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Author Topic: How should I protect from device from static?  (Read 18854 times)

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AirNav Support

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How should I protect from device from static?
« on: June 01, 2009, 05:48:02 PM »
What is Static?

There are three types of grounds. In order of difficulty to achieve, they are from most to least: static; RF; and electrical. The methods and practices used to achieve each of these is different. Static grounding is the most difficult to do with guaranteed results, while electrical grounding is easy and can be considered to work perfectly in most cases. RF and electrical grounding is not important nor considered in this discussion for static discharge (lightning) safety.

The general rule on outside antennas is that they need to be grounded. There is no known government agency that recommends antennas not be grounded for safety. Indeed, the opposite is what is recommended and in most cases required by local codes. And, if you don't do this and don't care, maybe knowing that violation of these codes may be grounds for rendering your home owners insurance null and void in case of a fire caused by lightning strike.

Direct and secondary static electricity (lightning) strike has strike probability increased by a buildup of static charge at points of conductivity such as a metal mast or pole of an outdoor antenna. Static electricity is built up during a thunderstorm with wind blowing over the metal structures. This static charge builds and becomes an attractor to the opposite charge of static build up in the storm clouds. By draining off the static charge continuously, you reduce the probability of strike because the potential difference is reduced. It was shown in the studies conducted on the Empire State building that probability of a strike was a direct relation between the quantity of static buildup on conductive structures. Conductive structures with no ground path were at the highest risk while structures that were intensely grounded over several contact points were the least risk. This is because it is actually rather difficult to completely eliminate all corona point ( sharp pointed shaped geometry in the metal structure) static charge buildup even with "good" grounding on multiple contacts of the metal structure.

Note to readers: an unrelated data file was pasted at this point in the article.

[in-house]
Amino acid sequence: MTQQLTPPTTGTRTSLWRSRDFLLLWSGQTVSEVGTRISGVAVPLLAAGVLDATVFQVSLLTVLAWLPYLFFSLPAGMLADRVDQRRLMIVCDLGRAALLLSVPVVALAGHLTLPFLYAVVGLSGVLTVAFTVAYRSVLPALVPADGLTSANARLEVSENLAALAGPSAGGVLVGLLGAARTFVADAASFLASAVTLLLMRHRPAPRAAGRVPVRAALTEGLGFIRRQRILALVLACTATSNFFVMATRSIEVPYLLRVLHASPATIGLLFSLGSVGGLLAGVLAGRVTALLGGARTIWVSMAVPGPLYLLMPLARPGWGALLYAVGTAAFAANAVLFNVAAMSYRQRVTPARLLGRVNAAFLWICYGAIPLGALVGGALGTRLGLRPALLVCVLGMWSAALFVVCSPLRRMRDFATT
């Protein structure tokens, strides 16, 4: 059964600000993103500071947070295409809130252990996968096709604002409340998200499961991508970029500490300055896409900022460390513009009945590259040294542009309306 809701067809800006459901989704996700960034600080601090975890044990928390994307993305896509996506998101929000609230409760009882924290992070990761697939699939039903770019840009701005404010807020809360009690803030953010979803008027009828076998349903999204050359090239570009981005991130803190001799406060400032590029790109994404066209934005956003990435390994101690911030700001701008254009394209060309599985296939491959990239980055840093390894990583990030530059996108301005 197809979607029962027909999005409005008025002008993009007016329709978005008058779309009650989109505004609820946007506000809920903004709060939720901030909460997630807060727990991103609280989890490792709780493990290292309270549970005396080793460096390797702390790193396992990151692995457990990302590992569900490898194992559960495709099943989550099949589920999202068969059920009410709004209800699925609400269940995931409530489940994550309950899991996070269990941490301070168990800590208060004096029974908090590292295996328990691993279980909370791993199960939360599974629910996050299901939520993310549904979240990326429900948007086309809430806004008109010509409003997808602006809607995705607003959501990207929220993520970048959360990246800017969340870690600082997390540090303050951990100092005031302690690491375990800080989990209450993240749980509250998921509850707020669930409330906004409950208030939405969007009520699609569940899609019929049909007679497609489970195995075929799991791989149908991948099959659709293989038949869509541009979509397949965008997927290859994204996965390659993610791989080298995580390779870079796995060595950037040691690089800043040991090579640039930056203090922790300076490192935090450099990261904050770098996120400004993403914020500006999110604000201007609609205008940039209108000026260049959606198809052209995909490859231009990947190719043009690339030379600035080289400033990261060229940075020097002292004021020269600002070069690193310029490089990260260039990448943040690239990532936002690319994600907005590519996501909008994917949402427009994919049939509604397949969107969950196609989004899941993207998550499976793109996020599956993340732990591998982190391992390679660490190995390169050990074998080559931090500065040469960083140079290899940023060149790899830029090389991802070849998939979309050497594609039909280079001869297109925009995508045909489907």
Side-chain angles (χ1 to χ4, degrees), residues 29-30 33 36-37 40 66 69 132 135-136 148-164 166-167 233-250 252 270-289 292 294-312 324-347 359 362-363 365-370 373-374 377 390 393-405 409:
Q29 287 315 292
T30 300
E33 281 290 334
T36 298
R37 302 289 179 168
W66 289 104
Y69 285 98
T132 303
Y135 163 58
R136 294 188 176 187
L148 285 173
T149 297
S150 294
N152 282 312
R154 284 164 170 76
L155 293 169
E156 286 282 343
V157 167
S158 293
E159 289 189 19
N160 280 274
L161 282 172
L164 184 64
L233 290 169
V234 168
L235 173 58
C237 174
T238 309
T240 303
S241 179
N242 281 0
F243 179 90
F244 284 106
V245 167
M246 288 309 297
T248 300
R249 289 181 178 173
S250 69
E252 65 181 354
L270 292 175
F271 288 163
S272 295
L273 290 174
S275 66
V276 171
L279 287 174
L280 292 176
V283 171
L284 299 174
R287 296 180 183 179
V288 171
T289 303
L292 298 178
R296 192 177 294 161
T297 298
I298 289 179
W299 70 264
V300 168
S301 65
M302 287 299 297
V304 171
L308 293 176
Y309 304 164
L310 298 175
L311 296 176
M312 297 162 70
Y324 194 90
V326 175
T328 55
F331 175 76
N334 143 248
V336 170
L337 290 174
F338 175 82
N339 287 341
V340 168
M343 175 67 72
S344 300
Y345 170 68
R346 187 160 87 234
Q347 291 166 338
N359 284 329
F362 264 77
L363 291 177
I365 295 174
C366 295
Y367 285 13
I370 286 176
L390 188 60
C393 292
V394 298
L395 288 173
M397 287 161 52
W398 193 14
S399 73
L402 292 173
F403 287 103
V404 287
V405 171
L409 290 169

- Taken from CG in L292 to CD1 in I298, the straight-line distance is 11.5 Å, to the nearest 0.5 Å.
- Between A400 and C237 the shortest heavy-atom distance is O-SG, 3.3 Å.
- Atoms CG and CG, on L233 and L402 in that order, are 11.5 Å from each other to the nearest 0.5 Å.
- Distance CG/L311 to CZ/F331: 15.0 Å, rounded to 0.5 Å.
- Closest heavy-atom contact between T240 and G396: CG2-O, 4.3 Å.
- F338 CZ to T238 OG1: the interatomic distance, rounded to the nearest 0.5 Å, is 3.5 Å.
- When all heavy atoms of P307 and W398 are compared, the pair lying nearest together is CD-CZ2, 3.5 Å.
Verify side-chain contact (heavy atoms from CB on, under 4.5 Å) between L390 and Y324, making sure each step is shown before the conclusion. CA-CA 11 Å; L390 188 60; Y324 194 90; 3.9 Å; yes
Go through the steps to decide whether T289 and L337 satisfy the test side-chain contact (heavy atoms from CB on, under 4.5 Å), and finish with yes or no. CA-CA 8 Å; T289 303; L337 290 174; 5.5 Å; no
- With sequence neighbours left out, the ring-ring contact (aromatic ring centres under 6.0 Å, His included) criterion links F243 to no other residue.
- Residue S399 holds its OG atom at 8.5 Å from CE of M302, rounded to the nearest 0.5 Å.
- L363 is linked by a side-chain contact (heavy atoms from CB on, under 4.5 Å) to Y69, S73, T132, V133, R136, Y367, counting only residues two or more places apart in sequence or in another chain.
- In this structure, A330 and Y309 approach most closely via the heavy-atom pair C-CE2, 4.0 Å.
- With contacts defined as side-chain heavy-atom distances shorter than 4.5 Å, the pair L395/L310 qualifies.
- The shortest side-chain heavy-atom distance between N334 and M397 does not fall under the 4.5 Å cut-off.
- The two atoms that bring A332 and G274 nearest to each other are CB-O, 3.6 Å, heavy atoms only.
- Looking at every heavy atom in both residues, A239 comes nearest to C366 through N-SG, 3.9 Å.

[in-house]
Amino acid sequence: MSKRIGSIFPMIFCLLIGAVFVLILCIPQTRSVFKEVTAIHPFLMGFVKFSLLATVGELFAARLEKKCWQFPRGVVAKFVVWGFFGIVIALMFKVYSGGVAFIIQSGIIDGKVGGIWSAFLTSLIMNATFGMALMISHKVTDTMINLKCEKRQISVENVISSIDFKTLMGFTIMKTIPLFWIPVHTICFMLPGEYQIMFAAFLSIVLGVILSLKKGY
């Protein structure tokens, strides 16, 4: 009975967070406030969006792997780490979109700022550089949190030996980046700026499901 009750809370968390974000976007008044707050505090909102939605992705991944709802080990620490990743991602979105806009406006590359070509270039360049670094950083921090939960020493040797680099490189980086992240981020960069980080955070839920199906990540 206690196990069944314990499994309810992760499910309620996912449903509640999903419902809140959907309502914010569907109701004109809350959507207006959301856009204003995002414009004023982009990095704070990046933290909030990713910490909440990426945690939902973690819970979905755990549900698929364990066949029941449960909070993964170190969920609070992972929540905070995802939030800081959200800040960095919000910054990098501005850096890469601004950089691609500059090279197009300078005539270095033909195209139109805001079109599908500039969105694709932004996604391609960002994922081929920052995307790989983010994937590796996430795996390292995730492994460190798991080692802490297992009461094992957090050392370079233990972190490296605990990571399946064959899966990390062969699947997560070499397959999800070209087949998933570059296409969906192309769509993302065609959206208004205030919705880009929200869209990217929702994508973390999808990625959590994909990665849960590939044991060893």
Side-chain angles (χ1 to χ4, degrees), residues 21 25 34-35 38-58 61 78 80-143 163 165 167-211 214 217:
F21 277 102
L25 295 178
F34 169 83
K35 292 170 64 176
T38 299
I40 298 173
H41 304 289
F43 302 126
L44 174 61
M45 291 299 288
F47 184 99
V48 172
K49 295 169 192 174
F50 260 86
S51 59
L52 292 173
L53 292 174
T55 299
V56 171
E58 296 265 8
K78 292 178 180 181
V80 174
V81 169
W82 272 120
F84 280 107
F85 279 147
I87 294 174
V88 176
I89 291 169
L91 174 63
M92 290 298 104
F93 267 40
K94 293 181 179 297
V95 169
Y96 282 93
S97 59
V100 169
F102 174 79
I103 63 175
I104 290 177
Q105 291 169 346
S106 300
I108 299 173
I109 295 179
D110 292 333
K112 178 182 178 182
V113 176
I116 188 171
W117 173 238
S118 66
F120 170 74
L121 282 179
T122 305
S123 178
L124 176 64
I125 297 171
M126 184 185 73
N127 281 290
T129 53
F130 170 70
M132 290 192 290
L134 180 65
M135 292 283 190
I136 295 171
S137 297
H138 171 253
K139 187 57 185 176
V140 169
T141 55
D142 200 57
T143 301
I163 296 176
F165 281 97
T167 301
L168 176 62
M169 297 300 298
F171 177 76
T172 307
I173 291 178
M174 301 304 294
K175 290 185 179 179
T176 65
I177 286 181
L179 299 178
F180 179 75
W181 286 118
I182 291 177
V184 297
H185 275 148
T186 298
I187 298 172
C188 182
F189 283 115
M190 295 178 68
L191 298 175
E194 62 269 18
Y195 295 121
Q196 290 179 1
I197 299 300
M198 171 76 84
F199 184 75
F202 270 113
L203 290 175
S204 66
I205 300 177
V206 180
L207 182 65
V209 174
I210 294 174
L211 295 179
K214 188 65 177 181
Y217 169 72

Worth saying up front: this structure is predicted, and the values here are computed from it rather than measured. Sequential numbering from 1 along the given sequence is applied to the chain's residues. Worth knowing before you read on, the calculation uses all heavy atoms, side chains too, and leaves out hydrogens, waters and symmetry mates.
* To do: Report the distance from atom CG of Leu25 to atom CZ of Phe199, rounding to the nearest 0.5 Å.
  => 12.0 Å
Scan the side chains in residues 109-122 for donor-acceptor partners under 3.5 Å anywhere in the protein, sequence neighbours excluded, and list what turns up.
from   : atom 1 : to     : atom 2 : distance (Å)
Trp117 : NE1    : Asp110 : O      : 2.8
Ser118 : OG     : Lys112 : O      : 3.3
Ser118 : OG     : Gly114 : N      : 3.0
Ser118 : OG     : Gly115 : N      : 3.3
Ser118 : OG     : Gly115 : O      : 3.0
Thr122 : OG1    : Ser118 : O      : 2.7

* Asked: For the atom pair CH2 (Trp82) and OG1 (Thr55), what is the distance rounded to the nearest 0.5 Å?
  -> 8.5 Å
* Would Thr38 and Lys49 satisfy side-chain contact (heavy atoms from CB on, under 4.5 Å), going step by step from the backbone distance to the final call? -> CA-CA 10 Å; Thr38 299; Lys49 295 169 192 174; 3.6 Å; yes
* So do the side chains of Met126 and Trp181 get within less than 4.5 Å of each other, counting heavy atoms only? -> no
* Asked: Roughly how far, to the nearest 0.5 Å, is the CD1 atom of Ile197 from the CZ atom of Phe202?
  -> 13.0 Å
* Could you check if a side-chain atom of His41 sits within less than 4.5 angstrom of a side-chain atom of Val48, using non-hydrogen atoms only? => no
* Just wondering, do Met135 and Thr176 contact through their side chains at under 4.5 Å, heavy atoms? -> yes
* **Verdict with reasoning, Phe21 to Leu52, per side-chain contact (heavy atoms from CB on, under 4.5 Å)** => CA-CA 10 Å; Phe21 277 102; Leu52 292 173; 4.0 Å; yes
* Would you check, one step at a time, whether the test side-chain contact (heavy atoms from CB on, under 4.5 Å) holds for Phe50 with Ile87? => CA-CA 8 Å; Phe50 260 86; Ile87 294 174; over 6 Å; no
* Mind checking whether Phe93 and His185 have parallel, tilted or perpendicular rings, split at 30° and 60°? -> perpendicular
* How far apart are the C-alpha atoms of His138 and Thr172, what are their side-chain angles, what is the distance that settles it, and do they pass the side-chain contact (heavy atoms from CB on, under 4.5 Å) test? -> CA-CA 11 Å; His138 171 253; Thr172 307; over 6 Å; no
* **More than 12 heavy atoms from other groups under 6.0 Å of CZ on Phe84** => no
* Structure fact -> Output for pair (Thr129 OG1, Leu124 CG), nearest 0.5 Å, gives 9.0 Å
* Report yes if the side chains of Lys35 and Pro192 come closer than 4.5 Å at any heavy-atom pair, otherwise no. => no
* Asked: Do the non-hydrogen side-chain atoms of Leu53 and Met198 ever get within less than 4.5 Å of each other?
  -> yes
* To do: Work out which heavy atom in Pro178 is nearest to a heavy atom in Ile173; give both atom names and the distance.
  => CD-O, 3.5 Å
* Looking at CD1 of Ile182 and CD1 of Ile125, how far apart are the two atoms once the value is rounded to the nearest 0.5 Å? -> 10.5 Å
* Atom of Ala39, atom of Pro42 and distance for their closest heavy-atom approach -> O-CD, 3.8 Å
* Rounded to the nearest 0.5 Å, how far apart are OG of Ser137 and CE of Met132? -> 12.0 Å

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Firstly static damaging your RadarBox is an rare event. However the first batch of RadarBoxes (serials which do no start with ANRB1....) we experienced a return rate which while was still very low, we felt that we needed to improve the static protection further which was increased the newer batches.

Due to this any boxes of the first batch will be repaired if damaged by static for free regardless whether they are in the warranty period.

However regardless which batch version you have bought you should still take steps to decrease the chance of static damage:

If you looking for a permanent setup which is external, we advice the following steps:

- Purchase an antenna with an anti-static design
- Either attach a Mast amp which should bleed any excess static away and improve your reception.
- Either add a dc block (to bleed away excess static)
- Either our purchase Antenna Kit online which has an anti static design antenna and mast amp.

Those items above will reduce your chances of any damage by static to the max. Obviously you need take precautions during electrical storms to disconnect your antenna.

I use the standard antenna which came with the RB:

The antenna with the RadarBox is an indoor antenna but can be used for mobile events such as day trip to an airport. It will not last well against weather and also it doesn't have a anti-static design.

Static being built up in an indoor environment is very rare so we do not advise anything extra if your using it indoors. However again sensible precautions apply.
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